The cleansing of America’s voter registration rolls occurs every two years and has become a legal battleground between politicians who say the purges are fair and necessary, and voting rights advocates who contend that they discriminate. Voting rights groups repeatedly have challenged states’ registration purges, including those in Ohio, Georgia, Kansas and Iowa, contending that black, Latino, poor, young and homeless voters have been disproportionately purged. In Florida, Kansas, Iowa and Harris County, Texas, courts have ordered elections officials to restore thousands of voters to the registration rolls or to halt purges they found discriminatory. The 1993 National Voter Registration Act mandates that state and local elections officers keep voter registration lists accurate by removing the names of people who die, move or fail in successive elections to vote. Voters who’ve been convicted of a felony, ruled mentally incompetent or found to be noncitizens also can be removed. The U.S. Election Assistance Commission reported that 15 million names were scrubbed from the lists nationally in 2014.
News21 analyzed lists of nearly 50 million registered voters from a dozen states, and 7 million more who were removed over the last year. By comparing voter registration and purge lists against U.S. Census data, News21 found no national or statewide pattern of discrimination against voters based on race, ethnicity, poverty, age or surname.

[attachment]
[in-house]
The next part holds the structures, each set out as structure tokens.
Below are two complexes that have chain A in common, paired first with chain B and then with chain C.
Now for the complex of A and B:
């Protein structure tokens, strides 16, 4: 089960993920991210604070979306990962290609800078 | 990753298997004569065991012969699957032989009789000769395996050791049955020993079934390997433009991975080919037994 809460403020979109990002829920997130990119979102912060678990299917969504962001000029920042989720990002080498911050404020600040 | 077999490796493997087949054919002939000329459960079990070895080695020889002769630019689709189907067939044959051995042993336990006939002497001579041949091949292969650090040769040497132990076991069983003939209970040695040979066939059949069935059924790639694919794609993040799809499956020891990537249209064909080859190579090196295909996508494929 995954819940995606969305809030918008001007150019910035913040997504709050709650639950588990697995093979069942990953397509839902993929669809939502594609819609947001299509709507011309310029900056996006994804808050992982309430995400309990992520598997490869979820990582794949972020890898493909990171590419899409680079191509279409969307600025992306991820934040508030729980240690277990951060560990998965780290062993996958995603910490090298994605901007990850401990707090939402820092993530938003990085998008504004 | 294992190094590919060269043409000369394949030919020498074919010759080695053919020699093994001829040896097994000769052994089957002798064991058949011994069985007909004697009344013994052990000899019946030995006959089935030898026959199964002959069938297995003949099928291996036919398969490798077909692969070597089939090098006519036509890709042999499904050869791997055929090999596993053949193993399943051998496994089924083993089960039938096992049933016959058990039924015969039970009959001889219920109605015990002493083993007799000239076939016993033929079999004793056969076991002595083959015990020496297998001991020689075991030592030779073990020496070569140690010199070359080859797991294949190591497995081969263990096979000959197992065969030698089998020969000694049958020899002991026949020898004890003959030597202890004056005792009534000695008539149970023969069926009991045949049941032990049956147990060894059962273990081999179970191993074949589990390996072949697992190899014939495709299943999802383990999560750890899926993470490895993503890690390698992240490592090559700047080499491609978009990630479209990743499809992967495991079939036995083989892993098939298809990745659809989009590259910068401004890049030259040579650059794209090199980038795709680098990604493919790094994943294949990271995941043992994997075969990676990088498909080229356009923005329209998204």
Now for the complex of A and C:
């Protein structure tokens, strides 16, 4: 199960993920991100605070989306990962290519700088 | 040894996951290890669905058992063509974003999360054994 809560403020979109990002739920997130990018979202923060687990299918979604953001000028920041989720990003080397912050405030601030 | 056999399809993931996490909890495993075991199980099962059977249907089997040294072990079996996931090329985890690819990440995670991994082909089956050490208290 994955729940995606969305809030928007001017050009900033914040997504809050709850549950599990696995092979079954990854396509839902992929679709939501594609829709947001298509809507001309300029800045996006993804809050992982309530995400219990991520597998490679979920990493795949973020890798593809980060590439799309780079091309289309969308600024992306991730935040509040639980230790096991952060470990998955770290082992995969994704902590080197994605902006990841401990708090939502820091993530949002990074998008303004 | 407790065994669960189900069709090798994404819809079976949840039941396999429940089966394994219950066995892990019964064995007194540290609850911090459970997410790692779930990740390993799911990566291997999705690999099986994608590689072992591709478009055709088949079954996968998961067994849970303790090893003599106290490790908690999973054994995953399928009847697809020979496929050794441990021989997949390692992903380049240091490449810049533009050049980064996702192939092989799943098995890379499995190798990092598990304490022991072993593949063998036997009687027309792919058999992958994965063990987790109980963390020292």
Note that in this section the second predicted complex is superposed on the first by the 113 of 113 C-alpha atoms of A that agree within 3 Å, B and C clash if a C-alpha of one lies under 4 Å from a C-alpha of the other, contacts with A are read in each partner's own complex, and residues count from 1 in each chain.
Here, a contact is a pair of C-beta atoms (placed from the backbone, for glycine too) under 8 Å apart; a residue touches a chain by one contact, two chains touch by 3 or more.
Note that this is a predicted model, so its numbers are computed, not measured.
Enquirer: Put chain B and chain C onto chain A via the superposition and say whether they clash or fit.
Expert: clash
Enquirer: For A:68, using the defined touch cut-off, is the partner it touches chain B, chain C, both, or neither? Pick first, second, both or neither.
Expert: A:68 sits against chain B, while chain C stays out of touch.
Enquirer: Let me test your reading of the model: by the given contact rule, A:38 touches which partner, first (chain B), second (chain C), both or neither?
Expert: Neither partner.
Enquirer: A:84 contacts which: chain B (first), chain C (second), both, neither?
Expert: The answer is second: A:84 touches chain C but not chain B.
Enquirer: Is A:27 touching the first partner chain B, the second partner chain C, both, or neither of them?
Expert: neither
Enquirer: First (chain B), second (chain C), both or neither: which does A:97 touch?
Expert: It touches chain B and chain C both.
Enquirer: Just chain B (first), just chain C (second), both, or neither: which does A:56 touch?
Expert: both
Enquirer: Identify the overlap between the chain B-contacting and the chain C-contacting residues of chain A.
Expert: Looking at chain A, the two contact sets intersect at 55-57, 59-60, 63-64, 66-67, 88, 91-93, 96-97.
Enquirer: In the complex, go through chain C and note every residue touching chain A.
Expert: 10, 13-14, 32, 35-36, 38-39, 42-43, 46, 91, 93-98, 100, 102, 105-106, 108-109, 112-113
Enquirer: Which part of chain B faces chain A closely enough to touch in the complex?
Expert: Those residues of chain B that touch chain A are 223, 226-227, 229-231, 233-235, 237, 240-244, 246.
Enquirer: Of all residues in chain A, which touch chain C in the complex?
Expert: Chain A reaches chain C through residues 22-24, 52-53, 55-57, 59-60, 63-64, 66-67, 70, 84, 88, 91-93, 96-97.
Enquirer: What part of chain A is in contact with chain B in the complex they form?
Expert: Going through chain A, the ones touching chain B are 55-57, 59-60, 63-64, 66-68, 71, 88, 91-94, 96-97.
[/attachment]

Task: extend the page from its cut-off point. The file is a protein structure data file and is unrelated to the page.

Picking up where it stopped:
But the data did show that purges disproportionately affected minority or low-income voters in certain communities, and white voters in others. In Cincinnati, poverty rates and voter removals appeared interrelated, while race appeared to affect the removal of voters in rural Hancock County, Georgia. In Vermillion County, Indiana, a shrinking population accounted for large numbers of white registered voters being removed from the rolls.
David Becker, the director of elections initiatives at the nonpartisan Pew Center for Charitable Trusts, said the national pattern makes sense to him. “I think you’re finding exactly what I’ve found in my experience,” he told News21. But Michael McDonald, a University of Florida political scientist who created the United States Election Project to track election and demographic data, said he was surprised by the lack of a pattern in the national findings, although hidden patterns of discrimination can be found on the local level. “Sometimes you have to look under the hood,” McDonald said.
Local election officials clean up voting registration lists under state laws governing who should be removed from the lists. Some states bar felons from voting, but they vary dramatically on which crimes disqualify voters or how quickly they can be reinstated. Some, but not all, states require elections officials to mail warning notifications to voters whose names are slated for removal. States also vary on how many elections a voter can sit out before being classified as “inactive” and later culled.
Full Article: America scrubs millions from the voter rolls. Is it fair?.